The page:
International Development Secretary Douglas Alexander is urging UK consumers to buy Kenyan flowers today. Given the unrest in the country, flower producers have had to work extra hard to ensure flowers reached the market in time for Valentine’s Day.
Kenya is a leading exporter of cut flowers, roses in particular, and the UK is one of the world’s largest importers. Douglas Alexander goes on to say that the “flowers flown in from Kenya aren’t grown in heated greenhouses so they use less energy than most of those produced in Europe”. You can read more about a comparison of emissions from floriculture industries in a 2007 report by Adrian Williams (Cranfield University) entitled a Comparative Study of Cut Roses for the British Market Produced in Kenya and the Netherlands.
More on the floriculture industry in Kenya from CAB Abstracts
Kenyan cut flower export blooming.
Roozendaal, G. van
Biotechnology and Development Monitor, 1994, No. 20, pp. 6-7, 6 ref.
The cut flower industry in Kenya is discussed. During the last decade, Kenya has become a successful cut flower exporter and a strong competitor on the European market. Labour is cheap and the climate favourable (although sometimes unpredictable). The area under production is approx equal to 700 ha. The most important flower crops are carnations, statice [Limonium], alstroemerias and roses. Among the pressures the industry faces are consumer pressures for environmentally-friendly production, lack of investment, high prices of inputs such as fertilizers, postharvest quality preservation during transport and inadequate air freight capacity.
Kenya – poised for growth, even in a tight world market.
FloraCulture International, 1996, Vol. 6, No. 3, pp. 16-19
Modern air transportation, a favourable climate and low-cost labour have made Kenya a major force in world floriculture. The flower industry comprises around 100 flower growers representing over 1200 ha of total production with approximately 350 ha of covered greenhouse production. Initial production consisted mainly of spray carnations and limonium. However, recent industry expansion is geared toward higher value crops such as roses, alstroemeria, carthamus, and solidago. Grower profiles are presented for a selection of companies. Nairobi is the inbound tourist centre and outbound shipping centre for flowers grown in Kenya: most flower producing areas are within a few hours drive from Nairobi. Kenya’s constant flow of tourist traffic creates air cargo transport to Europe on commercial air traffic routes.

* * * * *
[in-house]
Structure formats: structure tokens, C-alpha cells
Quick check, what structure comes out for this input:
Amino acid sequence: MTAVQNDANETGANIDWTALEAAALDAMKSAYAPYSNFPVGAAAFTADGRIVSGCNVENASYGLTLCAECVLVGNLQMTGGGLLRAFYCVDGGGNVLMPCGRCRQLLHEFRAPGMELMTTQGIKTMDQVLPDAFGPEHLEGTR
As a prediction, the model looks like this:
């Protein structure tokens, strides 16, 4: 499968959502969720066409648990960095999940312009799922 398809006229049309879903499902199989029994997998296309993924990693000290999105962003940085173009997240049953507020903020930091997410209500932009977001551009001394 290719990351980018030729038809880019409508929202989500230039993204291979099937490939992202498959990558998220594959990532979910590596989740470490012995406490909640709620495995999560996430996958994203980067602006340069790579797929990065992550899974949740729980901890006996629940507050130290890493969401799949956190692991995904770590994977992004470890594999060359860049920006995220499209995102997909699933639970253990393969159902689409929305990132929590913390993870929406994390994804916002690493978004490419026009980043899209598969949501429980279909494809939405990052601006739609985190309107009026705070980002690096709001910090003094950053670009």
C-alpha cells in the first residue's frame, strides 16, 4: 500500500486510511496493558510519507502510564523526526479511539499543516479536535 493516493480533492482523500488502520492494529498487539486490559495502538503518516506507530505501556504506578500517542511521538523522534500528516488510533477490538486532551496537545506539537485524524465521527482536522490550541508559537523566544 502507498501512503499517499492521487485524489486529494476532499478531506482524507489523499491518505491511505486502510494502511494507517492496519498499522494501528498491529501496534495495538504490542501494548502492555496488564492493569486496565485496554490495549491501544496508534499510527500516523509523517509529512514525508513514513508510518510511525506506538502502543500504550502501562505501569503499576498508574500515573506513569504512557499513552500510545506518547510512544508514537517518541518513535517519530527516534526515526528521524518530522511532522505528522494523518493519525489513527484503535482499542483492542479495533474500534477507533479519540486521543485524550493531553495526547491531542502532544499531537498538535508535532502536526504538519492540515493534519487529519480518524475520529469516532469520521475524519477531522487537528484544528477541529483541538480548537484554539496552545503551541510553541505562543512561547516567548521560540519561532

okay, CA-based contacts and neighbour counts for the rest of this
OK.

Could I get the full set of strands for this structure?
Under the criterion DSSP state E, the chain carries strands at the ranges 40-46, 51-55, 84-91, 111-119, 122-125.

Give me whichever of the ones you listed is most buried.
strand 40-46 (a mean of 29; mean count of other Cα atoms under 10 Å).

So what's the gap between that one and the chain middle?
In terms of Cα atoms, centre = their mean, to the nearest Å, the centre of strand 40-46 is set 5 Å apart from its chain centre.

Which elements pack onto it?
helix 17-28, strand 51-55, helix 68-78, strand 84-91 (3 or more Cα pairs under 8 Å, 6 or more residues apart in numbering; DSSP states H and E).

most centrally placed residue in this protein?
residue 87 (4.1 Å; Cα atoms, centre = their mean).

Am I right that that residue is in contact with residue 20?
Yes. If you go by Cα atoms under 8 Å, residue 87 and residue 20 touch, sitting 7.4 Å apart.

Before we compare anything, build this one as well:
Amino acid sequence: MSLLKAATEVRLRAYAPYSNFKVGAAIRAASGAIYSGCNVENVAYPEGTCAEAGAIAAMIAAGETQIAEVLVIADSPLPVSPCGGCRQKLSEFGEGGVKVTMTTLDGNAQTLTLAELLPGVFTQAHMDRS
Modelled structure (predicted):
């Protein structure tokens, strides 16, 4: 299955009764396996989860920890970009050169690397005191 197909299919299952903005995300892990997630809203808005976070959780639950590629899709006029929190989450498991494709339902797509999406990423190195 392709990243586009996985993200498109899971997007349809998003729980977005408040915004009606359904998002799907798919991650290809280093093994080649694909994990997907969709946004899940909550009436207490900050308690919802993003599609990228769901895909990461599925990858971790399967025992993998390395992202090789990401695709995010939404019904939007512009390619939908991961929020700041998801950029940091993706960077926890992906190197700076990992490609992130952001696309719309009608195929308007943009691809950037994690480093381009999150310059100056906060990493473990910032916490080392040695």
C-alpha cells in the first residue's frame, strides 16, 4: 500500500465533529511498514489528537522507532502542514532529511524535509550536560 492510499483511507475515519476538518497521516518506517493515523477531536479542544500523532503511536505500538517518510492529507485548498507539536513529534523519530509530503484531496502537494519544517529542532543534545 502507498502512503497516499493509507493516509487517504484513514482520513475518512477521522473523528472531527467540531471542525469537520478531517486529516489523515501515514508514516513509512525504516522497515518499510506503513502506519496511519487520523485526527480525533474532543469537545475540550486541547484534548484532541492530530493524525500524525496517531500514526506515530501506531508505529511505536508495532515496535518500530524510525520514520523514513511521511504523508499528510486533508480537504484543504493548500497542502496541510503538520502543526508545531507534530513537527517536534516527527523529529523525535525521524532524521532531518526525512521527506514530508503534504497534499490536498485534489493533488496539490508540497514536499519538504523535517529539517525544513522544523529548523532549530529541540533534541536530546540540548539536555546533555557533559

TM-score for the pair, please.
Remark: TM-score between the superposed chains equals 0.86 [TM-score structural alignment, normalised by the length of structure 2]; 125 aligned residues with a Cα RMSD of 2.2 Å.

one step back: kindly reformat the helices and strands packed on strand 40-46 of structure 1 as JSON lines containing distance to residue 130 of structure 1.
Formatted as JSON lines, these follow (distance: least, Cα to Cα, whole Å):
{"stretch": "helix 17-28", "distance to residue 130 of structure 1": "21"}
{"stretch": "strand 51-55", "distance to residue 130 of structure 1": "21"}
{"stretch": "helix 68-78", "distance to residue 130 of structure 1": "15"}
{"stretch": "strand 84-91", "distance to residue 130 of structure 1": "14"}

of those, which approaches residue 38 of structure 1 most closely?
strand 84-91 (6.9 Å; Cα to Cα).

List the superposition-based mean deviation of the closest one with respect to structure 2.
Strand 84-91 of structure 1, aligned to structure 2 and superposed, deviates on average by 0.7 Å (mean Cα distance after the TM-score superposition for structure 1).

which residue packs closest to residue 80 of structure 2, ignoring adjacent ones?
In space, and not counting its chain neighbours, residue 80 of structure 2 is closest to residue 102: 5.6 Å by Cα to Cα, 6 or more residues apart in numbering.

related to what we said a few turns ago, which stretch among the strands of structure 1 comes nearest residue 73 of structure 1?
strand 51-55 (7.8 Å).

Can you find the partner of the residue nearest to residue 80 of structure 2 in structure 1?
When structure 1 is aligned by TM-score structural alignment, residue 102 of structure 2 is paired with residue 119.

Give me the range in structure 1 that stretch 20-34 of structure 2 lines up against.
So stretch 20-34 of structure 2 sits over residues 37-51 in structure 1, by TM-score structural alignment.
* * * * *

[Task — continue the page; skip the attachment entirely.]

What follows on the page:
Developing country exports and environmental standards: the Kenya floriculture environmental project.
Konijn, R. J., Kuyvenhoven, A.
Tijdschrift voor Sociaalwetenschappelijk Onderzoek van de Landbouw, 2002, Vol. 17, No. 4, pp. 216-227, 20 ref.
This paper presents a case to illustrate the sensitivity of developing country’s exports to environmental trade measures in developed countries, viz. the possible impact of eco-labelling in flowers by the Netherlands on the future export position of Kenya. To put this problem in a more general perspective, some issues that play a role in the current trade and environment debate are discussed. Next, an overview of Kenya’s floriculture is presented in order to provide a better understanding of the importance of the sector and the specific growing circumstances. The Dutch eco-label for flowers called the Floriculture Environment Project (abbreviated MPS in Dutch) is then explained and elaborated. The experiences of several Kenyan growers who qualified for the MPS-label are also discussed. The paper ends with some conclusions and observations on the process of introducing MPS on flower farms in Kenya.